To counter this, it is imperative that no confidential information is placed in plain-text even behind a supposedly secure system since attackers often search for plain-text authentication detail in batch files and automation scripts.
It is often said, and rightly so, that the weakest link in information security are the people. Social engineering is a threat that is ever persistent and has proved time and again to be externally dangerous. These include the time-tested network administration calling for password trick, innovative techniques like leaving a bunch of USB disks with malicious programs in a company, incite company's own employees and inadvertently install backdoors in their system. For this, only proper training and policy measures can be used to error-proof the system to maximum extent.
How to Fight Back?
There are a number of ways to counter the ever-emerging threats from the wild. The conventional wisdom asks for patching the system that is updating all user and server applications, hardening the operating systems by enabling recommended security settings and following the industry standard best practices like, firewall and anti-virus, besides scouting the vendor or vulnerability disclosure sites for regular security updates.
The next common task is to change the default exploitable settings including all common usernames and password combinations and the administrative settings which give out identification of systems and network devices.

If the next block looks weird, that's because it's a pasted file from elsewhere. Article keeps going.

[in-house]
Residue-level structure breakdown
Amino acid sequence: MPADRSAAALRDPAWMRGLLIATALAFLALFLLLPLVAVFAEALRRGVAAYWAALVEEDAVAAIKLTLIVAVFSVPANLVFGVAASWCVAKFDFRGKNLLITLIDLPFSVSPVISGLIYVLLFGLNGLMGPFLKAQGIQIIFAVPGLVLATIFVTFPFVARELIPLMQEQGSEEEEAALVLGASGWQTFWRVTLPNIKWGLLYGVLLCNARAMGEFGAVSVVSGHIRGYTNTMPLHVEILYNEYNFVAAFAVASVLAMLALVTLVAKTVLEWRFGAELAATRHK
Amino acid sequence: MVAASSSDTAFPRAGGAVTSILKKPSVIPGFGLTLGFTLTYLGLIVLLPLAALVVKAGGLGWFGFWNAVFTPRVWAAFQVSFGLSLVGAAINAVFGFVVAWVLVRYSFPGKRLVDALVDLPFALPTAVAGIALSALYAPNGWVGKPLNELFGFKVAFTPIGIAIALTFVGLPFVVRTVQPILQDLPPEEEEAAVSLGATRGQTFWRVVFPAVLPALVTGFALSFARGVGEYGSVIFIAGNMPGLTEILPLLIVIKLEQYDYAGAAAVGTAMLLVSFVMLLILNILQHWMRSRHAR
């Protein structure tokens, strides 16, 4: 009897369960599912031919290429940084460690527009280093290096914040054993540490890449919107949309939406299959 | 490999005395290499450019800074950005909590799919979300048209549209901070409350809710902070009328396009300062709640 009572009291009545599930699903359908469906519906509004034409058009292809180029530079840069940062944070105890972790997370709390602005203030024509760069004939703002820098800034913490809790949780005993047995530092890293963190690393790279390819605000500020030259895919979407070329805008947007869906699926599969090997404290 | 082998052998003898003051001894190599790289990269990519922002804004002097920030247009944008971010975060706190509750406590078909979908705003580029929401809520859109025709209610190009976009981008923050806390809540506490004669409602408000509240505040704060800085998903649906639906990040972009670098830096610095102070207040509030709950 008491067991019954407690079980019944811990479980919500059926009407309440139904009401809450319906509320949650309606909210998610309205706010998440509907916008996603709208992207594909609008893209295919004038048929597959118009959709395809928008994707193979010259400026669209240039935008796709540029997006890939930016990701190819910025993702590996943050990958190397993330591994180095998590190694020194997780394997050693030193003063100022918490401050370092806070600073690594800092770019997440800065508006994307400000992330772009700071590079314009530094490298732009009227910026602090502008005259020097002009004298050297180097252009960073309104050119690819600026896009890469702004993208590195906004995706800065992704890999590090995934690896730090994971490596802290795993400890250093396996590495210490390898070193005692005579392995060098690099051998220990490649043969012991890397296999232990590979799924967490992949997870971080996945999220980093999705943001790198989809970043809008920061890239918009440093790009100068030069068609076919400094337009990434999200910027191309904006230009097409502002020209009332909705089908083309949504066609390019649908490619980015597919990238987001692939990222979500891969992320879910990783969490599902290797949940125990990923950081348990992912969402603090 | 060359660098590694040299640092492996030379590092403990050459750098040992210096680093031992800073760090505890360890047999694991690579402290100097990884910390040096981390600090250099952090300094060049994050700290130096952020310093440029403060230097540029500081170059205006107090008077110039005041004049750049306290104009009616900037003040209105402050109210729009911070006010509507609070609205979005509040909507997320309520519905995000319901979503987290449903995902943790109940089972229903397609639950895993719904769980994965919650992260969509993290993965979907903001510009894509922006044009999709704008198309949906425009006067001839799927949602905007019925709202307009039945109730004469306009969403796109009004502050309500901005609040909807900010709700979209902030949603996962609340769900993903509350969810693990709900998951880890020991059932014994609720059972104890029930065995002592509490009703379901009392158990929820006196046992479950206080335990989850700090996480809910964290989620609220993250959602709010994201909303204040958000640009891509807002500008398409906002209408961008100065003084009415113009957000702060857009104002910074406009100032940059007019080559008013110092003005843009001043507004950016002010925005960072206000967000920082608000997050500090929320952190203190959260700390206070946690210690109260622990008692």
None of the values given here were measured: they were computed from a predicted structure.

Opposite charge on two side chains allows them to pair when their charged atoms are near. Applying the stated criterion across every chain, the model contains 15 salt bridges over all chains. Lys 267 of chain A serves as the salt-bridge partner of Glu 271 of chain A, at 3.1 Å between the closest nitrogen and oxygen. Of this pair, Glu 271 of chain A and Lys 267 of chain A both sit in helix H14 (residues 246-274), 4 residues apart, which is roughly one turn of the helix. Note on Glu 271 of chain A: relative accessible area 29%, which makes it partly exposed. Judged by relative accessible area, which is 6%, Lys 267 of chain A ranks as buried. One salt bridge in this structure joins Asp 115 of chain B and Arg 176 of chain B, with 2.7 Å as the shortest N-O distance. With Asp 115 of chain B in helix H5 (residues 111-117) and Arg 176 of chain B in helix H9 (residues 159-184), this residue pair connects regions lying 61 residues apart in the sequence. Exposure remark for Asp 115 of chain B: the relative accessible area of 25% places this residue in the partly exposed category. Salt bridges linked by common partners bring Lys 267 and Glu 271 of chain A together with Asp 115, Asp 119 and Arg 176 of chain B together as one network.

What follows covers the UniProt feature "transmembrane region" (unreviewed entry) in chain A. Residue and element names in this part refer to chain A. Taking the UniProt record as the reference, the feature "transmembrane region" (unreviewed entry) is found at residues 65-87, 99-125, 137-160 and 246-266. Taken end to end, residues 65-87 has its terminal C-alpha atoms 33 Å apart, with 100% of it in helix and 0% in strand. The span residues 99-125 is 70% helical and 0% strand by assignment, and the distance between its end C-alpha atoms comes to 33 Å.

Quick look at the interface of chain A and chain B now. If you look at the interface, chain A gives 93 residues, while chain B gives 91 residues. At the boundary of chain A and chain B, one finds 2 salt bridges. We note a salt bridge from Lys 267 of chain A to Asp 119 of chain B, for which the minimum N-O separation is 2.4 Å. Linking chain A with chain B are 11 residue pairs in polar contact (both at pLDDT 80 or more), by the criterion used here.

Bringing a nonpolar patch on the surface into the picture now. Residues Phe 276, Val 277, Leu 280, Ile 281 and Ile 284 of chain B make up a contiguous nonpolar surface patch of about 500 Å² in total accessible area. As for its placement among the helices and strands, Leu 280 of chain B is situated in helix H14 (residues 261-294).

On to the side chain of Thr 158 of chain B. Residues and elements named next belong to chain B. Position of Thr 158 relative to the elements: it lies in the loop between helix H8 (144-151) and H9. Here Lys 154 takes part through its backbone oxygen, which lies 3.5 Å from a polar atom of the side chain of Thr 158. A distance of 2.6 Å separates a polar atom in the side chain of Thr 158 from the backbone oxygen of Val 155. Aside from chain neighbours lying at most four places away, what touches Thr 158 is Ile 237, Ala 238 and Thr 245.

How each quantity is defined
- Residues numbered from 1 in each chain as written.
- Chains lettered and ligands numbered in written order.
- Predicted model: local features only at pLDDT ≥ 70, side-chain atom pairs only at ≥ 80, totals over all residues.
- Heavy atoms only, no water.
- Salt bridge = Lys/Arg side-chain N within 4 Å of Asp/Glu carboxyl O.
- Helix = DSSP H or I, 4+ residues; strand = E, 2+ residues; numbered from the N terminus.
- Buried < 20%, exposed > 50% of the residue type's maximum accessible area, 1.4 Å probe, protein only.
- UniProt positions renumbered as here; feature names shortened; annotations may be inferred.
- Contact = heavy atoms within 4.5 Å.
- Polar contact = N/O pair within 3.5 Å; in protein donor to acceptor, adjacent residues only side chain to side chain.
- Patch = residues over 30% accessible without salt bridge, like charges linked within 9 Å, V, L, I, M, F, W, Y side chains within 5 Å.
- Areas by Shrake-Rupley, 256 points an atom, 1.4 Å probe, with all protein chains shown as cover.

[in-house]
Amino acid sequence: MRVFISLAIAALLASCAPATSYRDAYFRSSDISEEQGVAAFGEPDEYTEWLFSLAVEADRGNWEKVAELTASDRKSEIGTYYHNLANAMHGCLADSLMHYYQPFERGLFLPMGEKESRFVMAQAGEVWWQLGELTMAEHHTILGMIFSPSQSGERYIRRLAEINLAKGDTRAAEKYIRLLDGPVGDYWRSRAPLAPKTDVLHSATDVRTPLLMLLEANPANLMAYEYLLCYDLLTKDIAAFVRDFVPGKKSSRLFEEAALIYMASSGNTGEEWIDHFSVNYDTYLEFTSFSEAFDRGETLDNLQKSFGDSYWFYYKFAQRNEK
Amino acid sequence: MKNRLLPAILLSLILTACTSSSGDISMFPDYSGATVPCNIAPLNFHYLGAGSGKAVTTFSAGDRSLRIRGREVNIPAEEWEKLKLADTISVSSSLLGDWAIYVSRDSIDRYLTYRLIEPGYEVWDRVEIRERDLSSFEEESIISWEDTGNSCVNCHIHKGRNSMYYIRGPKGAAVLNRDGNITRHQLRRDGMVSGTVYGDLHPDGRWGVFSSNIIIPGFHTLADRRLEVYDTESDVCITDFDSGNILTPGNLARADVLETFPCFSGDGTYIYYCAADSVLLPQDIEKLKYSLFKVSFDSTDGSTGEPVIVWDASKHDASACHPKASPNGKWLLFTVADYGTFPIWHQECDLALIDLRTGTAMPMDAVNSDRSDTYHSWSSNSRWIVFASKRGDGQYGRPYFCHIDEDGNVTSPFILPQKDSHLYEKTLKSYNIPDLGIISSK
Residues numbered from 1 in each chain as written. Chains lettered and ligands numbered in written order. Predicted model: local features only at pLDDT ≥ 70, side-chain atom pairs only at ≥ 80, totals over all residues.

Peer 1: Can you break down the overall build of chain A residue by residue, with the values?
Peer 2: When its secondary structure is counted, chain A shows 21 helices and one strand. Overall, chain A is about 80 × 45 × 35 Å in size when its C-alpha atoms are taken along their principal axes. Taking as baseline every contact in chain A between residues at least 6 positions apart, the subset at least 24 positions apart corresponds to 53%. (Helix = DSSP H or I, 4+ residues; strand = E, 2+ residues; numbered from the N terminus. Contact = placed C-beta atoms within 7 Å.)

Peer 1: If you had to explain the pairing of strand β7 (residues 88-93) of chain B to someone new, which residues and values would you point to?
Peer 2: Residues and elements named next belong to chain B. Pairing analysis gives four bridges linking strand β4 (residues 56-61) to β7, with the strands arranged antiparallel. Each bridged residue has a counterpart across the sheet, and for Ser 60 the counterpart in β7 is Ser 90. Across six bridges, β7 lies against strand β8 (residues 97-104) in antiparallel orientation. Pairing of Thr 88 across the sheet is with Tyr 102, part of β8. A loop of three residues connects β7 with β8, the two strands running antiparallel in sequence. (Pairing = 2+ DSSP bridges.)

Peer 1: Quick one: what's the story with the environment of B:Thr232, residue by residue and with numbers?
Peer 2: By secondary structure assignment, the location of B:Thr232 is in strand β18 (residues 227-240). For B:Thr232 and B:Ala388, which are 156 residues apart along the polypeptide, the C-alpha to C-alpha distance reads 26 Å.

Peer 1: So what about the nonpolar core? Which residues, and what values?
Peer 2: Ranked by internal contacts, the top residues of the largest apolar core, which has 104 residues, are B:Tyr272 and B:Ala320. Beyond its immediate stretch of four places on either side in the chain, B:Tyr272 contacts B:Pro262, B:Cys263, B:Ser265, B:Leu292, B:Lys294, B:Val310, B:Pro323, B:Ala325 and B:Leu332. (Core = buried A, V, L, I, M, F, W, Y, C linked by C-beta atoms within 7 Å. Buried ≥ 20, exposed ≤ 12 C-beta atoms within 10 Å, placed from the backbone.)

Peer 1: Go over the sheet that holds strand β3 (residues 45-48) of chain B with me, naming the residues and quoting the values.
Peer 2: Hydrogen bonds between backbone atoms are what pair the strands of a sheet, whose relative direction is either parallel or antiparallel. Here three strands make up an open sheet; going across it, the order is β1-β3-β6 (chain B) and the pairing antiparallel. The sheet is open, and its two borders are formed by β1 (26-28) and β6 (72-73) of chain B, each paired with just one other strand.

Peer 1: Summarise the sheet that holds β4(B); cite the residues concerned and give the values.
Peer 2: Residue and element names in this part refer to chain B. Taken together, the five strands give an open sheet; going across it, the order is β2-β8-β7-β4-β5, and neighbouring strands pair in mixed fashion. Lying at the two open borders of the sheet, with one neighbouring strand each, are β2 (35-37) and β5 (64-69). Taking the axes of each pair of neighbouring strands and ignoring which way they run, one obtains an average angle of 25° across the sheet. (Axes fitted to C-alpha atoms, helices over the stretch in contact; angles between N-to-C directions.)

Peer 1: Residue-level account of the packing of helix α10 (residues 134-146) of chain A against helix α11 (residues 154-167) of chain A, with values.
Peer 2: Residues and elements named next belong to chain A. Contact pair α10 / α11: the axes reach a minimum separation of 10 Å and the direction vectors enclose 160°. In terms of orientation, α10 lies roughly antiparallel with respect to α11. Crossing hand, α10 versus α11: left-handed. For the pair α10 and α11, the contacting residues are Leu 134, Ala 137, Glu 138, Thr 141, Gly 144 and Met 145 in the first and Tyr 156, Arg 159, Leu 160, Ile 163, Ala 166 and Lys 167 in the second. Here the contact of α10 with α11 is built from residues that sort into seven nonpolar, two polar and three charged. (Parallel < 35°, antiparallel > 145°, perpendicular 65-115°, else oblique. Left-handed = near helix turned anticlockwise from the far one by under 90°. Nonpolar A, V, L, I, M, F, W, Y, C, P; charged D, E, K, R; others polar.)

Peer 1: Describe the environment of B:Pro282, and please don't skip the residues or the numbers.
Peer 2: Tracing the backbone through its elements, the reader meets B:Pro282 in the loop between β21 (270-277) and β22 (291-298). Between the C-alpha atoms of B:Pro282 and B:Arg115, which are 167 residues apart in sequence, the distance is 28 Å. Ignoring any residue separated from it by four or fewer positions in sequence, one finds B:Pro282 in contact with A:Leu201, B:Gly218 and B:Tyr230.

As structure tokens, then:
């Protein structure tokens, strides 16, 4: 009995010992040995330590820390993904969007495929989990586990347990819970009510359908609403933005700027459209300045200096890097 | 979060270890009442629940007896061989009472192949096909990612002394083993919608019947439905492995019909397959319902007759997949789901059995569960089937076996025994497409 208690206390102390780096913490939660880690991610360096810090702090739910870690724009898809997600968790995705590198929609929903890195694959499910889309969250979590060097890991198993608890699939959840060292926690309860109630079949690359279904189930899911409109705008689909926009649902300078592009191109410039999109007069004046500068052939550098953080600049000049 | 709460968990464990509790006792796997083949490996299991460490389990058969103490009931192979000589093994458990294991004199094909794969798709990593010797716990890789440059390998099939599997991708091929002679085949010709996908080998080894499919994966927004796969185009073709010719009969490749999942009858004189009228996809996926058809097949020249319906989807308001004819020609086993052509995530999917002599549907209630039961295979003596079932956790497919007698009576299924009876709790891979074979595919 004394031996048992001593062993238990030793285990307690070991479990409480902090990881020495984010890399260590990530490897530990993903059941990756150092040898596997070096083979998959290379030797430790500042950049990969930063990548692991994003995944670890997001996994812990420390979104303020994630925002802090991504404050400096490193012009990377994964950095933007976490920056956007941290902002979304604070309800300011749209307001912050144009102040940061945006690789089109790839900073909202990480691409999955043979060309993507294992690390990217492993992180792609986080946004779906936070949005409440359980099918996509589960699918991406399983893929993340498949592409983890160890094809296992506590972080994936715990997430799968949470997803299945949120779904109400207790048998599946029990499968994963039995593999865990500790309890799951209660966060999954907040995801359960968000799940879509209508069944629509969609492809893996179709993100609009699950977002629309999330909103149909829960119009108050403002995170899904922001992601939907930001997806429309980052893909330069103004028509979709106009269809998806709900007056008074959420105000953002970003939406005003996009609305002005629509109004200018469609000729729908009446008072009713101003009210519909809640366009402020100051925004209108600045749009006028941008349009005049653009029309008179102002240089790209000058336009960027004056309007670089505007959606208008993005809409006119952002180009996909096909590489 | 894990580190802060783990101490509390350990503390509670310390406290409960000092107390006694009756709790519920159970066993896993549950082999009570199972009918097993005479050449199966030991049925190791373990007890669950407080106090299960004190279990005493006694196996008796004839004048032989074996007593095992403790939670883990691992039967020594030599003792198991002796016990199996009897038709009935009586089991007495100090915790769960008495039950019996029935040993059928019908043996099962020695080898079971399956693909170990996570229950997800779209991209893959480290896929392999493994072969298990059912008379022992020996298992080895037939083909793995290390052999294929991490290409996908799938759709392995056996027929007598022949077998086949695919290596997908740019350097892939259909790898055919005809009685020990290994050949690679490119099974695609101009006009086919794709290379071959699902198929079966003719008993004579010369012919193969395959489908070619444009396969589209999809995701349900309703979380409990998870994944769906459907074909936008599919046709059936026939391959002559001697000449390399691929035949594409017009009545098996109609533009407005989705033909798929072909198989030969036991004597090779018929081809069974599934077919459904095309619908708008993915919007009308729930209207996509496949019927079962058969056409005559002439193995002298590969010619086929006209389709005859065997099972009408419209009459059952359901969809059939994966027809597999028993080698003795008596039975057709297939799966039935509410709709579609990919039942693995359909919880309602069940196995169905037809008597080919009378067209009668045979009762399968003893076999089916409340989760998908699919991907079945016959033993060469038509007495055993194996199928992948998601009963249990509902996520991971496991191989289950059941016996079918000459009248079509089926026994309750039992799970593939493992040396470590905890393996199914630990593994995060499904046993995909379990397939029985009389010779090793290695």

Going a step further, there could be some proactive measures as well, like actively obscuring the banner-type information in an attempt to misguide the attackers, or performing monitoring through IDS (Intrusion Detection System) with well-defined parametres to counter emerging threats rather than relying on defaults.
For all these measures to be effective, there must be policies and procedures in place along with a review and oversight mechanism.
Here, it is worth mentioning that in small and medium-sized organisations, data leaks do take place but are often not reported. This happens primarily because security implementation is misinterpreted as a restrictive measure although it has basically to do with knowing who should have what level of access and rights, without necessarily barring people from using the internet or LAN sharing. This is why it is important to have either a dedicated or a shared resource in an organisation, who as part of job description, takes responsibility of managing enterprise security.
However, such management alone is not enough as some of the specular attacks occur due to insider involvement or some silly mistake. For instance, plugging a company laptop insecurely during a demo at prospective client or during an exhibition can be catastrophic no matter how much secure the company network is.
Therefore, it must be kept in mind that the security can never be implemented in an ad-hoc product installation type approach. Rather, it requires formation of security culture and constant awareness.